Body Building: Getting Started – 4
Getting Started – 4
*– Your trainer may know the best in muscle building but when it comes to
your body, only you should decide. People sometimes get embarrassed to
inform their trainer that they can lift only lighter than what their trainer
suggests. Following your limits doesn’t make you a wimp; it means you’re
wise enough to listen to your body’s capacity
*– Respect your body’s ability to recuperate. Do not force yourself to work out
while your muscles are still sore. Doing so doesn’t result in a better physique,
only injuries. As much as you’d wish to stick to your Day 1, 2 and 3 routines,
schedule is only secondary to recovery.
*– Rest your muscles and let them recuperate. Optimal muscle growth happens
when it is given enough t ime to rebuild the fibers that were torn during the
exercise. If you do not your body heal, you’d just keep tearing down your
tissues, which is the opposite of your objective – muscle gain.
*– In every exercise you perform, make sure that your observe proper posture.
This lessens the possibilit y of an injury while amplifying the results. There is
a tendency to cheat when the training gets difficult by slouching or shifting a
leg’s position for assistance. This should be avoided as improper posture
leads to serious damage such as breaking the spine.
*– Bench press works out most of the upper body – chest, anterior deltoids and
triceps. How to do: lie on the bench with both feet on the ground and your
back firmly placed on the bench. Un-rack the barbell, lift it across your chest
until your elbows lock then bring it close to your chest. Your hands should be
two to three feet away from each other.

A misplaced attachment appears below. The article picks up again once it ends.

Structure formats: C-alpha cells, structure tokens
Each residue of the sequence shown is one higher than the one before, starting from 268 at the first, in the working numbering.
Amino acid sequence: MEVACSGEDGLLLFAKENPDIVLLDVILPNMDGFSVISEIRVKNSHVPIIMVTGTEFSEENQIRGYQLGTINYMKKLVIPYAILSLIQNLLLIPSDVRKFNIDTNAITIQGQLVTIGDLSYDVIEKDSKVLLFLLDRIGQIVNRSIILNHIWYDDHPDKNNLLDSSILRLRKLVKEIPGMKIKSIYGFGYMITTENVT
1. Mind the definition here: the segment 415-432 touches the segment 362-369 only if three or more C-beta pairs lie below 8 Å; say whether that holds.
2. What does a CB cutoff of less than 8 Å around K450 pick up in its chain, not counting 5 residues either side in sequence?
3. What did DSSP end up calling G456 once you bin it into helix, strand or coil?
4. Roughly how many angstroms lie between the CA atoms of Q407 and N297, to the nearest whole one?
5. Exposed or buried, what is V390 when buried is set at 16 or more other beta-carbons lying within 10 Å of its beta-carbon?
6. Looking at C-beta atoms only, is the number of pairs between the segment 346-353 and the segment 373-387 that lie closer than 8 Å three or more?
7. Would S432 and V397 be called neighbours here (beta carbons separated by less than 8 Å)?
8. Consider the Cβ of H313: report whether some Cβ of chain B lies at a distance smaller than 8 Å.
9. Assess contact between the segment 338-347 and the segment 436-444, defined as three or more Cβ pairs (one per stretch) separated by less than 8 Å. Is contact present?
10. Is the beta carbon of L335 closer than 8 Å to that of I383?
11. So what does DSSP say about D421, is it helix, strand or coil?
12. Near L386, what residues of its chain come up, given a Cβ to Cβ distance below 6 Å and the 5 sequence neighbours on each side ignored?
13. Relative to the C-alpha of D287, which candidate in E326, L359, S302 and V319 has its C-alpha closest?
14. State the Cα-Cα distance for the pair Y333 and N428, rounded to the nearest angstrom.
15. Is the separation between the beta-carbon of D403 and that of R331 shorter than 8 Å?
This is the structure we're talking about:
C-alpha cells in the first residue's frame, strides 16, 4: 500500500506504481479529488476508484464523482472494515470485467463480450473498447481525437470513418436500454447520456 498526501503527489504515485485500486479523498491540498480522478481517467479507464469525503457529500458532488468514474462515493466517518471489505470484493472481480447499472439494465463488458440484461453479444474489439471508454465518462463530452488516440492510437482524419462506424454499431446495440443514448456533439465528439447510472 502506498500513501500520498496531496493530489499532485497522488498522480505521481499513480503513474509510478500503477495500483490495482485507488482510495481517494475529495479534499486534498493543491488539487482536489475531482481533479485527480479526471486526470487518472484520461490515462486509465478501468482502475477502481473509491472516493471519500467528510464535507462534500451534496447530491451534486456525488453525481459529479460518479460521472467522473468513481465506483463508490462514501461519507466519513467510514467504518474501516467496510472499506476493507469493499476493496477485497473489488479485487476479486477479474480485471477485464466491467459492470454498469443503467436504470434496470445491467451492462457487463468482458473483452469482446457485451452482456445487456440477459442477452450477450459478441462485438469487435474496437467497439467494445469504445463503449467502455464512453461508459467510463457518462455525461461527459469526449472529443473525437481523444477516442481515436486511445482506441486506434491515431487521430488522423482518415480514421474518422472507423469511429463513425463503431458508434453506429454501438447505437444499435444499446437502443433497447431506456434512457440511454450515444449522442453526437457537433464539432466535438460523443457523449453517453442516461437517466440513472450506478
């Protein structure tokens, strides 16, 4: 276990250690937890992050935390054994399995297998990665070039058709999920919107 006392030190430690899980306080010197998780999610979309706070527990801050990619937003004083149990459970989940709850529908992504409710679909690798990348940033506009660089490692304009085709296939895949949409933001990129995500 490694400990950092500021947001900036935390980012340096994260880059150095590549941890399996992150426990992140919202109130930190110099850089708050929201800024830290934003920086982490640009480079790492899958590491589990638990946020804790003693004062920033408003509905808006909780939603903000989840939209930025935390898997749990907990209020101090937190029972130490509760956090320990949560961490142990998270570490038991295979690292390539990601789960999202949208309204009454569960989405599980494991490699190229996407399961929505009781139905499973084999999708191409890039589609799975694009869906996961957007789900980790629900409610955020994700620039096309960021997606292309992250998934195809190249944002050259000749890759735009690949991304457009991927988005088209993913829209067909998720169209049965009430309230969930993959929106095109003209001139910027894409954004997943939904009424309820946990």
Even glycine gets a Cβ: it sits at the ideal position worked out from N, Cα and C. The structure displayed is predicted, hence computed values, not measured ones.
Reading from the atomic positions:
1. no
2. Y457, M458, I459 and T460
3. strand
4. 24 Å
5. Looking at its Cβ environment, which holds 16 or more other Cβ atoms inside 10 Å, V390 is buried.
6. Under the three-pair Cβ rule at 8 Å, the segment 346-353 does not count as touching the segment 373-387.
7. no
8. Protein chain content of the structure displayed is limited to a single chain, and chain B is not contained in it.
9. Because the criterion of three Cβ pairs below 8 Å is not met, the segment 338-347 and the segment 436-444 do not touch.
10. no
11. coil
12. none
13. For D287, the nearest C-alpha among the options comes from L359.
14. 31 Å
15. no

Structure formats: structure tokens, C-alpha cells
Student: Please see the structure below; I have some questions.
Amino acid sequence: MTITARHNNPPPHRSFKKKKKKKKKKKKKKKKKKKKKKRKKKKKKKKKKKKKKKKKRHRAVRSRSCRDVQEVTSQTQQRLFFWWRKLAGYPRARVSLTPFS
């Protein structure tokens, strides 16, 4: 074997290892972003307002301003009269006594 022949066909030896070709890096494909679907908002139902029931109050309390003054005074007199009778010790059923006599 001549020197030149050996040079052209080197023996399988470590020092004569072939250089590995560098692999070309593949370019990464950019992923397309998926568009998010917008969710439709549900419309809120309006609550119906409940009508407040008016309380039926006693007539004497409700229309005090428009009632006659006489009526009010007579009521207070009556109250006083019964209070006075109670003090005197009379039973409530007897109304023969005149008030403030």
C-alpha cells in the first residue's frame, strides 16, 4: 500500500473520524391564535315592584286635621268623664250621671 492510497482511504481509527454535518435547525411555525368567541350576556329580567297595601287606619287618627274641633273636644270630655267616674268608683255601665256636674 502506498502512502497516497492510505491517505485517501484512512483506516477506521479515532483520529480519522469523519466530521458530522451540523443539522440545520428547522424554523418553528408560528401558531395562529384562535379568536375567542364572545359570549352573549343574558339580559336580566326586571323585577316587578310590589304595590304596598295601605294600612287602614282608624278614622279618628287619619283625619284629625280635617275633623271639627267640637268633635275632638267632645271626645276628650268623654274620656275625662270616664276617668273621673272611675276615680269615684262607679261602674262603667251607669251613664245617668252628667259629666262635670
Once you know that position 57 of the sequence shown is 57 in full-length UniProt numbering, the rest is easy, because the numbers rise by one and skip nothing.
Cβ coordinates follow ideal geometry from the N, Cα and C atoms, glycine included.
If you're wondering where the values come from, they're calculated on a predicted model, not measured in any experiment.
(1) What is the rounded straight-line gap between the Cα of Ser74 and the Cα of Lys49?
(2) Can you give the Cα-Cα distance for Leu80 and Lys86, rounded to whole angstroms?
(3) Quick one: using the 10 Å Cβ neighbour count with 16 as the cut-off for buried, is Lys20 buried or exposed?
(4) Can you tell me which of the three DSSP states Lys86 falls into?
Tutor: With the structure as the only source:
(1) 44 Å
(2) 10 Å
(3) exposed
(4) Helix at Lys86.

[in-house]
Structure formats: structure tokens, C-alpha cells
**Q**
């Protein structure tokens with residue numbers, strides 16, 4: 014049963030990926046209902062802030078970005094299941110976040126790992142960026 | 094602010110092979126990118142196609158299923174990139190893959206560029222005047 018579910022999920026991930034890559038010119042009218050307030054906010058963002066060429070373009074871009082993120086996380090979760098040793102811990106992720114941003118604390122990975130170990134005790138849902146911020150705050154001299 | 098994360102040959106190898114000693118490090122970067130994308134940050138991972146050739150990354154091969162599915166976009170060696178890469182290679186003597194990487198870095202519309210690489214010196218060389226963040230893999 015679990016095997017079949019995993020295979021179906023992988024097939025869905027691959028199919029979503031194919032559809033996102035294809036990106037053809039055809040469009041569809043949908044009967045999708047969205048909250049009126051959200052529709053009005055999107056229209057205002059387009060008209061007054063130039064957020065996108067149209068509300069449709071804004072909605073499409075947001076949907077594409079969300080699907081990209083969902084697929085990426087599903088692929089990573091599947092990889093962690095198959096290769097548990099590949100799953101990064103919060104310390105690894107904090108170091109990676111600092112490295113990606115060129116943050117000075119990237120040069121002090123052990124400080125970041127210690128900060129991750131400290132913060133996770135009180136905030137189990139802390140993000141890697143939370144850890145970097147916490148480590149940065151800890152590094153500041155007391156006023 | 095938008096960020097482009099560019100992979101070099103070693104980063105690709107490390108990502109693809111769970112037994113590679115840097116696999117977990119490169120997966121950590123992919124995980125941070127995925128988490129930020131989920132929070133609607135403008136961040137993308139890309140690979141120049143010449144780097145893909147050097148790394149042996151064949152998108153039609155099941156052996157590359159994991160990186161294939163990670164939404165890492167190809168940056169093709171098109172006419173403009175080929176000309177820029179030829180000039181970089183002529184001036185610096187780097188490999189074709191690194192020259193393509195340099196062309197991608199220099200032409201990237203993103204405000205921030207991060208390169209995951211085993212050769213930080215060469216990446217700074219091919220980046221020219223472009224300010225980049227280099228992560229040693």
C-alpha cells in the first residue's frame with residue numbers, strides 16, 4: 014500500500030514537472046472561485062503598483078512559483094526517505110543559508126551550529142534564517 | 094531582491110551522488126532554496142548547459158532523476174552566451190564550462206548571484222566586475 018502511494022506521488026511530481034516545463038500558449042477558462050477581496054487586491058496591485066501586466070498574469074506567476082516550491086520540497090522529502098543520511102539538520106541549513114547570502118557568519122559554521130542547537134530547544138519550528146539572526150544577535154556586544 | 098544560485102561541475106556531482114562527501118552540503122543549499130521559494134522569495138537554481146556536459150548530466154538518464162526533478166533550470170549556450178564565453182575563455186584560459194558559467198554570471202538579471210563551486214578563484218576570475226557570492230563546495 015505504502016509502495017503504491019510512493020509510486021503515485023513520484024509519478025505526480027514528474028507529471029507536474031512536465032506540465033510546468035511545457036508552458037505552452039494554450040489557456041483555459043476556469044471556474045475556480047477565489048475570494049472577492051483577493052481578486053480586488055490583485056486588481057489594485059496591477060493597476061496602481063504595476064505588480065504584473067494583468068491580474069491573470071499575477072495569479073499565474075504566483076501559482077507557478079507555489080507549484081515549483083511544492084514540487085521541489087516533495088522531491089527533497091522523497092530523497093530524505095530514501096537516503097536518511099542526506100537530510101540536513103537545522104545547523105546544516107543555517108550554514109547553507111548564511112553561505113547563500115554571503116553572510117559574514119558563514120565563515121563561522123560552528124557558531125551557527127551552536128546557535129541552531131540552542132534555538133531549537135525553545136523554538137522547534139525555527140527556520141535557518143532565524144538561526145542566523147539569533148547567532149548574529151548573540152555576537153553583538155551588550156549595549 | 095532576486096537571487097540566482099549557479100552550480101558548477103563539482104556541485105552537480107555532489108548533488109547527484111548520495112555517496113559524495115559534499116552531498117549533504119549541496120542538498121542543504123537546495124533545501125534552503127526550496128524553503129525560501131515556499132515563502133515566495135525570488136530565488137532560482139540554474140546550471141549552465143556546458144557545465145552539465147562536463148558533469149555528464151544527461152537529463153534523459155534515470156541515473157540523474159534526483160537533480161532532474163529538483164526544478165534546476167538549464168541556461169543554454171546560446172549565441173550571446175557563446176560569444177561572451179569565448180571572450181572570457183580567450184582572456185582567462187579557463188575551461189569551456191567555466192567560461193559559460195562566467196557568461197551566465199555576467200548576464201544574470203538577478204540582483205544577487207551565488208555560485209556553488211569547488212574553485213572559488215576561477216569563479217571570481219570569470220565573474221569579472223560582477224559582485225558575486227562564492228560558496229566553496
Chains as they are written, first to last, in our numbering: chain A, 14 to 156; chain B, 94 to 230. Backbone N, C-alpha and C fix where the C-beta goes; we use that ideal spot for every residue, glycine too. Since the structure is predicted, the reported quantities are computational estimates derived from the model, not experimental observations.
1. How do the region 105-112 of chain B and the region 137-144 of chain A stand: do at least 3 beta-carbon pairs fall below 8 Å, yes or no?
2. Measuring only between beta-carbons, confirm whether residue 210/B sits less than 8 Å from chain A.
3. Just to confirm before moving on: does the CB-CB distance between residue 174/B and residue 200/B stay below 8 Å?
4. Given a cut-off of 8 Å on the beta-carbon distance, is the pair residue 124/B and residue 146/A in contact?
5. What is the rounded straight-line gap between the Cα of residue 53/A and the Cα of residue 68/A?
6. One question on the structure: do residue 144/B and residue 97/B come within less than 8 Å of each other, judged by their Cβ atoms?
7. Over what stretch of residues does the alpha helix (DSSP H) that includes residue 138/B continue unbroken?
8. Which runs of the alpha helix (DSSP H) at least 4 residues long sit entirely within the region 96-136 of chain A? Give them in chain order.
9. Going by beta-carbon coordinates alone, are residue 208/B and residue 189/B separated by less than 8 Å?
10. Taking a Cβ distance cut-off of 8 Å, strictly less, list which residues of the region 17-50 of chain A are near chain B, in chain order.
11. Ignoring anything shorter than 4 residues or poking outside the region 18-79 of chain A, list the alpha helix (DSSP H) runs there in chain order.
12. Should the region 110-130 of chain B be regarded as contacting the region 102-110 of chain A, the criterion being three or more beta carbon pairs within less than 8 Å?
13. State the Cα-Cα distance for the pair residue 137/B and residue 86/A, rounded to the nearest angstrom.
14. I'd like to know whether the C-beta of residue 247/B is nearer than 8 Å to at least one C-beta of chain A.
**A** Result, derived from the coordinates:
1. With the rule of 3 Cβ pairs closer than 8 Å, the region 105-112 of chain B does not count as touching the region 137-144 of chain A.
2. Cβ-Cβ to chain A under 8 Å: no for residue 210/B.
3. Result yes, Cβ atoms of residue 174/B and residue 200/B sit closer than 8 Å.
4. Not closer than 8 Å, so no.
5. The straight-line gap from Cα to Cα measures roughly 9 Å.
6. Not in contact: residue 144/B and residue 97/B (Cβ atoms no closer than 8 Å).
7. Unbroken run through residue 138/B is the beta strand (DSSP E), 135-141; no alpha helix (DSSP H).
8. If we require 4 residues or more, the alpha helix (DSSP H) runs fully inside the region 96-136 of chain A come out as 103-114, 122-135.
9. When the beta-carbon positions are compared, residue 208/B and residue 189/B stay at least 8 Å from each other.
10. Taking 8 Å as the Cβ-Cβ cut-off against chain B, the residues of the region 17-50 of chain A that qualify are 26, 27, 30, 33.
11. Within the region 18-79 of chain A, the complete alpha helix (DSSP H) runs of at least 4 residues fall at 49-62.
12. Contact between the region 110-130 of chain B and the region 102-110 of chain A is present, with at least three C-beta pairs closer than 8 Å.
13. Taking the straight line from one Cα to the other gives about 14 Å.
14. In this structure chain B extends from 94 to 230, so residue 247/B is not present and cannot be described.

*– Do not let the barbell bounce off your chest when you do the bench press.
This lowers the resistance and bruises your chest muscles. Use your strength
to control the downward motion. Put rhythm into your exercise. Count to two
as you lower the barbell and one as you lift.
*– Incline bench press isolates the upper chest muscles while also working out
the anterior deltoids and triceps. The angle of incline should be within the
range of 15 and 30 degrees. Higher incline lessens resistance while lower
inclination removes the focus from the upper chest muscles. As you start, try
varying your angle to determine your comfort level.
*– How to perform the incline bench press: lie on the bench wit h both feet on the
ground, your lower back securely placed in the angled corner and your back
comfortably rest ing on the bench. Lift the barbell 6 to 8 inches across your
shoulders and slowly lower it to your chest.
*– Decline bench press isolates the lower chest muscles while also working out
the outer chest muscles. The angle of decline should be wit hin the range of 20
and 25 degrees. Higher or lower angle removes the focus on your lower chest.
Decline bench press may be alternated with bench press when you hit plateaus
on your routine.
*– How to perform the decline bench press: place your feet under the bench’s
support for security and resistance. At arms length, lift the barbell across
your shoulder blades. Count to two as you slowly bring the bar to your chest.
Count to one as you lift it back to starting position.